In his first full-length collection, GRUEL, Bunkong Tuon documents the lives of Cambodian refugees and explores the poetic landscape of a Cambodian America. Written tenderly, with honesty, intelligence, and occasional humor, GRUEL is populated by survivors such as a boy who loses his mother to the Khmer Rouge regime, a grandmother who risks her life to steal a few grains of rice for her grandson, an uncle who is beaten by Thai military police for night fishing outside a refugee camp, an aunt who leaves the East Coast to buy a donut shop in California, a father who re-experiences the traumas of the Cambodian Genocide, a young man who discovers Charles Bukowski in a Long Beach public library, a professor who teaches about the horrors of war to college students at a private college in Upstate New York, to name a few. It's a book about memories, ghosts and haunting, personal loss and historical traumas, losing and finding home, discovery and self-invention; above all, it's a book about love, sacrifice, and hope.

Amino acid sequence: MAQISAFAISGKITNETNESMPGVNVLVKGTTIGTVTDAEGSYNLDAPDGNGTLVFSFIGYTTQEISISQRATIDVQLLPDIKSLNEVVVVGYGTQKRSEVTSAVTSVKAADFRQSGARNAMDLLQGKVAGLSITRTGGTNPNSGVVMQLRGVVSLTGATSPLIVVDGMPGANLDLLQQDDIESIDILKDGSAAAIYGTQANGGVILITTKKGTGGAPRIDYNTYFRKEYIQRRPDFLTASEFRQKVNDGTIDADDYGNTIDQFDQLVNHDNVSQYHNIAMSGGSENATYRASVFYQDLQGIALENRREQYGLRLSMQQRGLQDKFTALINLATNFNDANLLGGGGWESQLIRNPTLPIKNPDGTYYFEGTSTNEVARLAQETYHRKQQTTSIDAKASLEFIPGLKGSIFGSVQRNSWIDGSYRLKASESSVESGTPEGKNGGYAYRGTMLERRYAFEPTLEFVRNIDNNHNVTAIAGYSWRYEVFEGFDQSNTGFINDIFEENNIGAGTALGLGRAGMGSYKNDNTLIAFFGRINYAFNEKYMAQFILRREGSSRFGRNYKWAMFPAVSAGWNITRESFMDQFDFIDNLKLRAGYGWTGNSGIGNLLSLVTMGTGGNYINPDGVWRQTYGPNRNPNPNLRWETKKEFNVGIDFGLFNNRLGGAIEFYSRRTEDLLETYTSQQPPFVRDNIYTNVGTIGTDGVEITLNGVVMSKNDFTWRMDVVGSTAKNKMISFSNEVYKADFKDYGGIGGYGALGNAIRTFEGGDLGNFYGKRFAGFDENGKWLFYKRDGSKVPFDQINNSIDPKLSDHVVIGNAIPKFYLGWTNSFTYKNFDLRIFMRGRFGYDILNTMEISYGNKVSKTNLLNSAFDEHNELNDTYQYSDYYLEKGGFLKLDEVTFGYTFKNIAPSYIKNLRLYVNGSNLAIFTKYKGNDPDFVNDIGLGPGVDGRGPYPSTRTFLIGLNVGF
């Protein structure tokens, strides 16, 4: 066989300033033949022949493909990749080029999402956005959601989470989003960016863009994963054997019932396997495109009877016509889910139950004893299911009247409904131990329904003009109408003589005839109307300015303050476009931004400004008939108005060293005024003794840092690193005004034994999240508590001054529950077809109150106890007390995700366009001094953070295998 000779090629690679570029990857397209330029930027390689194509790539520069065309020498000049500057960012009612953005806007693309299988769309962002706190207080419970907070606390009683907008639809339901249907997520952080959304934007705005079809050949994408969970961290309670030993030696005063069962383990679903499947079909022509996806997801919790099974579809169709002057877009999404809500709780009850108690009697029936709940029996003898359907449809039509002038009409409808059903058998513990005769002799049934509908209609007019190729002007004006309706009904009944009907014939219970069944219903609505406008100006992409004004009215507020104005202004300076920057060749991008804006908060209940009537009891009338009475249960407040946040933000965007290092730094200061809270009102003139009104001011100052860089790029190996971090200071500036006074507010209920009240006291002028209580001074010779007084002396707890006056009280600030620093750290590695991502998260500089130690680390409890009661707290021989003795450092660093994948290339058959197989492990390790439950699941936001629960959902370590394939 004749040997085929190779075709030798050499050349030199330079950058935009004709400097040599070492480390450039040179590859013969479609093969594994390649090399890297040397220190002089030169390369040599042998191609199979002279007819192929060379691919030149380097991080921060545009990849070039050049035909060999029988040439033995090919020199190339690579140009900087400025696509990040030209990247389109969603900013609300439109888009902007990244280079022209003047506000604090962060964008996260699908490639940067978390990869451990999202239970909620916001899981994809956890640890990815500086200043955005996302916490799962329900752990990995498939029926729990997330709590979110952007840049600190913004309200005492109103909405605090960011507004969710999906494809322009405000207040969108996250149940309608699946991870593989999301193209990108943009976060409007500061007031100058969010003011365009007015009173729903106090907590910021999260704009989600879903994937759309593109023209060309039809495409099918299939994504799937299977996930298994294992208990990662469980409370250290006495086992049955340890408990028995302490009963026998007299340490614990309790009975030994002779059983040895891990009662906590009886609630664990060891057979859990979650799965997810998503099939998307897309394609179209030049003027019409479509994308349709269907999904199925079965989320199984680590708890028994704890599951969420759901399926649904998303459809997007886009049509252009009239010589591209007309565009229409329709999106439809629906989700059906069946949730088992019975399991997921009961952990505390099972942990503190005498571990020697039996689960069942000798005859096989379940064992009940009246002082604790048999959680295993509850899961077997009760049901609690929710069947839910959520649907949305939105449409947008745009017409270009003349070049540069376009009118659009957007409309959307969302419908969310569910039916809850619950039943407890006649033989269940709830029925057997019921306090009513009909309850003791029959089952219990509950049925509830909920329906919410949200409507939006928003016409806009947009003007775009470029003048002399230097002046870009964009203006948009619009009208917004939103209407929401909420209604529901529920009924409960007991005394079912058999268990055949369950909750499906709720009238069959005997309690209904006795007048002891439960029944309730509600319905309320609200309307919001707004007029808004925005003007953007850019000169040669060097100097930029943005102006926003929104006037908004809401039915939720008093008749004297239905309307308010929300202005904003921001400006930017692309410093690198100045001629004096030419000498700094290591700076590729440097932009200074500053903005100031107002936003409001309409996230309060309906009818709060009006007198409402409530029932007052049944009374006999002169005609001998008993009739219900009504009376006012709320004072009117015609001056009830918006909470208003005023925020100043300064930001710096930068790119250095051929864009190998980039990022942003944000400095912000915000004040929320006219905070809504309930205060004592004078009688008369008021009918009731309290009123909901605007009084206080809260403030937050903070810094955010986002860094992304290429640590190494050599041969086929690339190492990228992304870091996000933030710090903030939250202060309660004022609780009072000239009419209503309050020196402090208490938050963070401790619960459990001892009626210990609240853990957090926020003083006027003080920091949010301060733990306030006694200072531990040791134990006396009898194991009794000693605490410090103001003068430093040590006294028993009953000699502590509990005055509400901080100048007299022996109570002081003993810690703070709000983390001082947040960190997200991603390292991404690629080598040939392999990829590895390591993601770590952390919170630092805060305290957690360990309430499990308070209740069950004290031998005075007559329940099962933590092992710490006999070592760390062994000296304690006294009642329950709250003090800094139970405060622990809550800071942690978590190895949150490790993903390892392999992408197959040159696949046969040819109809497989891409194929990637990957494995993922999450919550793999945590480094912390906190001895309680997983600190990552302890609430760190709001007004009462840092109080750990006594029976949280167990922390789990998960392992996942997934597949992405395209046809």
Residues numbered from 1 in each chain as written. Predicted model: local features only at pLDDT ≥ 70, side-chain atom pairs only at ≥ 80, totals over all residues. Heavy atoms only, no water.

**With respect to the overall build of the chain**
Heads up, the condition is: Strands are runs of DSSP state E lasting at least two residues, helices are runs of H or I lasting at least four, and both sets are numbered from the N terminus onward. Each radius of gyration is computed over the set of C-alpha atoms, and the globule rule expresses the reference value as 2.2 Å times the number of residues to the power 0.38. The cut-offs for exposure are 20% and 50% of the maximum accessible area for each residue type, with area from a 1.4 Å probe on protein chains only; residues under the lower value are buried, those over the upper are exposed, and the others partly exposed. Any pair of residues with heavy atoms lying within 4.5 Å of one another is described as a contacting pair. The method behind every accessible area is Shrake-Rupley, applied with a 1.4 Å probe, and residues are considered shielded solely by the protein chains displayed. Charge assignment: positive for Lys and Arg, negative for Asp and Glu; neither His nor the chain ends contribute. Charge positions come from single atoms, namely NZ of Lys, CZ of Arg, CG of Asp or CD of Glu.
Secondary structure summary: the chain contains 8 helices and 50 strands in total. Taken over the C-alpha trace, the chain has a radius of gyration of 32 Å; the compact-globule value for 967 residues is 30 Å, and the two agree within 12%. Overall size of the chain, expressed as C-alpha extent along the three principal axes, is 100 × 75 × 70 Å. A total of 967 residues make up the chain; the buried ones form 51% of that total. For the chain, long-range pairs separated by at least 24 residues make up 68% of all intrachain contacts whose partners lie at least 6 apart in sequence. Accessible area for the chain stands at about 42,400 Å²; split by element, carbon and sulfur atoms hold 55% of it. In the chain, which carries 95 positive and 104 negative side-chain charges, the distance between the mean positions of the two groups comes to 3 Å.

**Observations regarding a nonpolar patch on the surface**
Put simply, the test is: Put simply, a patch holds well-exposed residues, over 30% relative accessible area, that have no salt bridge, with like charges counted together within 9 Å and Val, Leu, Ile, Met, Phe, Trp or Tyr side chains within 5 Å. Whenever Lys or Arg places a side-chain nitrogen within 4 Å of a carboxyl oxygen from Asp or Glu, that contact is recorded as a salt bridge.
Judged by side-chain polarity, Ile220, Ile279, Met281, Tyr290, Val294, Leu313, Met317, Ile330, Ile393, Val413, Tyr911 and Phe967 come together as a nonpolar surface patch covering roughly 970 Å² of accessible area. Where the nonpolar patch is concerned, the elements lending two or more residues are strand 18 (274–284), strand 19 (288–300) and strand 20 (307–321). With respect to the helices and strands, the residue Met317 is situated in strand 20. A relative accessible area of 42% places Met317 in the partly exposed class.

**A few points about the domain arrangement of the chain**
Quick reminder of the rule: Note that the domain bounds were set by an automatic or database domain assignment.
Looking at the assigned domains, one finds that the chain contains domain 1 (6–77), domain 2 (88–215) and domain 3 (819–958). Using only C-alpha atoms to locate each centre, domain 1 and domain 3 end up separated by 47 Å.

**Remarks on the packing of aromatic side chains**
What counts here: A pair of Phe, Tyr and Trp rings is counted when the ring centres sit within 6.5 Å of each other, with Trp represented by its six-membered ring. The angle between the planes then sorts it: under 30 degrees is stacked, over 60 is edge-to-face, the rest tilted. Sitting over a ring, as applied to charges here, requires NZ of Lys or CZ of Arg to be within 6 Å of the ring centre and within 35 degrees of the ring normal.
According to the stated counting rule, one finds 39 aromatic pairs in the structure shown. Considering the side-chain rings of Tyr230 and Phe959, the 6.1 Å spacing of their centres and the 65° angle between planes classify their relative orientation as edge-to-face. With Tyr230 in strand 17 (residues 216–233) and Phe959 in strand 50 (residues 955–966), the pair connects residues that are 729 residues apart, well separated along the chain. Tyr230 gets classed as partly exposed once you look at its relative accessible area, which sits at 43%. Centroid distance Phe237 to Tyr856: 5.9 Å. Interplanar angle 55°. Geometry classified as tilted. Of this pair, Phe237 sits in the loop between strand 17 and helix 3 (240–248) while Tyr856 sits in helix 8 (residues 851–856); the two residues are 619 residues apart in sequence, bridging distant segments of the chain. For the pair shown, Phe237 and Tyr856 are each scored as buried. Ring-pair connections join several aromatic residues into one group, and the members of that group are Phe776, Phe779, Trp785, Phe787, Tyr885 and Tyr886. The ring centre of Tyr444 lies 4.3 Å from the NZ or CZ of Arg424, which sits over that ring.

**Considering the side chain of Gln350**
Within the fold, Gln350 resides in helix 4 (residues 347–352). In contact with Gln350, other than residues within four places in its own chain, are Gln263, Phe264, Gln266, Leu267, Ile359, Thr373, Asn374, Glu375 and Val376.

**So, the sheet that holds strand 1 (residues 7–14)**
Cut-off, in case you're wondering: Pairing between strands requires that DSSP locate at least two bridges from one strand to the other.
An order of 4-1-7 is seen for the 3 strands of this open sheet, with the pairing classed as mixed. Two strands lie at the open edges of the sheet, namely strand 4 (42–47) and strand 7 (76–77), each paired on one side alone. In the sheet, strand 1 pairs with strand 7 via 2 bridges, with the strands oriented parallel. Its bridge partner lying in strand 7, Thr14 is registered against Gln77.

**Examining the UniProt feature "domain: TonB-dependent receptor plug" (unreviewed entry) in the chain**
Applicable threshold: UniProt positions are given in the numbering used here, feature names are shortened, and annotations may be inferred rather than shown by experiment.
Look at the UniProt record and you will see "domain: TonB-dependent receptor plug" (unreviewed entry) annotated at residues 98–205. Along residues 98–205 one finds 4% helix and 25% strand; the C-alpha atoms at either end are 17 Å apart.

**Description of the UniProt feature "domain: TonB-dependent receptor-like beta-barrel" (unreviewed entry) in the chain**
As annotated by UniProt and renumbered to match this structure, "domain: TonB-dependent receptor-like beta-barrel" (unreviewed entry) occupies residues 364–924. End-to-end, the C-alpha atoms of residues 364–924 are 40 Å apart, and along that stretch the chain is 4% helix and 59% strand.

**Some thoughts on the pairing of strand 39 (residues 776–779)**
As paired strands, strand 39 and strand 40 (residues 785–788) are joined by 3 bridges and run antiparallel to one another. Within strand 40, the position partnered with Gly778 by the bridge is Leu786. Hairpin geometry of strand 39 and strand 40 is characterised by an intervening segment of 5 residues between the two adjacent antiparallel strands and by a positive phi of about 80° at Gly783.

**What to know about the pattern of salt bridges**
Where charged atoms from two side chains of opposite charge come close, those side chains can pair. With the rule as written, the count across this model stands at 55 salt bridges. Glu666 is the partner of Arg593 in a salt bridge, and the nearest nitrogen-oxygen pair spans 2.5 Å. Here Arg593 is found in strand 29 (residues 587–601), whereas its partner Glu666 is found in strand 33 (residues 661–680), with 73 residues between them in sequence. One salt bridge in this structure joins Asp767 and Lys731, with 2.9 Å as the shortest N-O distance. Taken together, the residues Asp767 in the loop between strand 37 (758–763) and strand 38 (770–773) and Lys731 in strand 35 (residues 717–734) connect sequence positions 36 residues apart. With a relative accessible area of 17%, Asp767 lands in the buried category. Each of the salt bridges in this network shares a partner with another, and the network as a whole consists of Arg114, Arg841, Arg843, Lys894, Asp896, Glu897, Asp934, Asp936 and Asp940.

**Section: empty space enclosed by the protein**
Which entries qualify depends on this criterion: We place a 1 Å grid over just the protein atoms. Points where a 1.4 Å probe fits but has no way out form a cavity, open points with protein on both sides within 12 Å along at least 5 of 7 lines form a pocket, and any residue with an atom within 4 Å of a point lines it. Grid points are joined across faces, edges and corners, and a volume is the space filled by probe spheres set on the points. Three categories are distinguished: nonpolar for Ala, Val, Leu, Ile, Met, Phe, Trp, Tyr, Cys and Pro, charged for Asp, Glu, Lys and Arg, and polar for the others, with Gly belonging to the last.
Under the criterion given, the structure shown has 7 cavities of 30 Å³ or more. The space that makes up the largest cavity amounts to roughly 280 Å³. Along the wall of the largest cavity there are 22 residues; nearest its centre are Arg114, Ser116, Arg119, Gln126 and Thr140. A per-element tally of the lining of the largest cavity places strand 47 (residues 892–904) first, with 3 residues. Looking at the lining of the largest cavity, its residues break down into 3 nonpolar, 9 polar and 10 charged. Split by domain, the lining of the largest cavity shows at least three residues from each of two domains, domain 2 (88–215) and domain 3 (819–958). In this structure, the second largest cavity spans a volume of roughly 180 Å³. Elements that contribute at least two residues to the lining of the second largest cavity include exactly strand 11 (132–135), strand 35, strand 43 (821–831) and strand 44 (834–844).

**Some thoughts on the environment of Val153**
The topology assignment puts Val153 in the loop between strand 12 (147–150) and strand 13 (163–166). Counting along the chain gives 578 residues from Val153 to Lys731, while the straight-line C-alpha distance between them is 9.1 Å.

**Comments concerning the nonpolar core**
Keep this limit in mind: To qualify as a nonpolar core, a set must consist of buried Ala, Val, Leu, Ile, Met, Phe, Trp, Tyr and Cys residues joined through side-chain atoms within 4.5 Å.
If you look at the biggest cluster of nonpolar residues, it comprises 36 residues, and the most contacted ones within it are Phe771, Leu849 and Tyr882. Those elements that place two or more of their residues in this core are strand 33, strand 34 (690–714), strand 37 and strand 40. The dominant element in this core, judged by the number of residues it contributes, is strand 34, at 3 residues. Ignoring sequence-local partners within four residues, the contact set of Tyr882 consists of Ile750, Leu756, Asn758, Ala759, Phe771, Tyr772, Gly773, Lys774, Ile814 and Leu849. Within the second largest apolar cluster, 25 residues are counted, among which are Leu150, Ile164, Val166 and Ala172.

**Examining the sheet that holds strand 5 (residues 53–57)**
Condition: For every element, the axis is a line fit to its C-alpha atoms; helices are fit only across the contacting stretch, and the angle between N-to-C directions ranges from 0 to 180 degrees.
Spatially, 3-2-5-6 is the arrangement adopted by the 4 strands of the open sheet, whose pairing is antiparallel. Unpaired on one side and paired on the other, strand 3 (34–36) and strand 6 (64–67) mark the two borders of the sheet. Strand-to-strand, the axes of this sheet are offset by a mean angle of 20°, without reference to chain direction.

|Product dimensions:||5.90(w) x 8.90(h) x 0.40(d)|
About the Author
Born a few years before the Khmer Rouge takeover of Cambodia in 1975, Bunkong Tuon remembered very little of the atrocities in Cambodia. In 1979, he escaped with his grandmother and extended family to live in refugee camps in Thailand before settling in Malden, Massachusetts in the 1980s. His poetry and nonfiction have appeared in The New York Quarterly, The Paterson Literary Review, Chiron Review, The Más Tequila Review, Nerve Cowboy, Numéro Cinq, Misfit Magazine, and The Massachusetts Review, among others. He is an associate professor of English at Union College, in Schenectady, NY.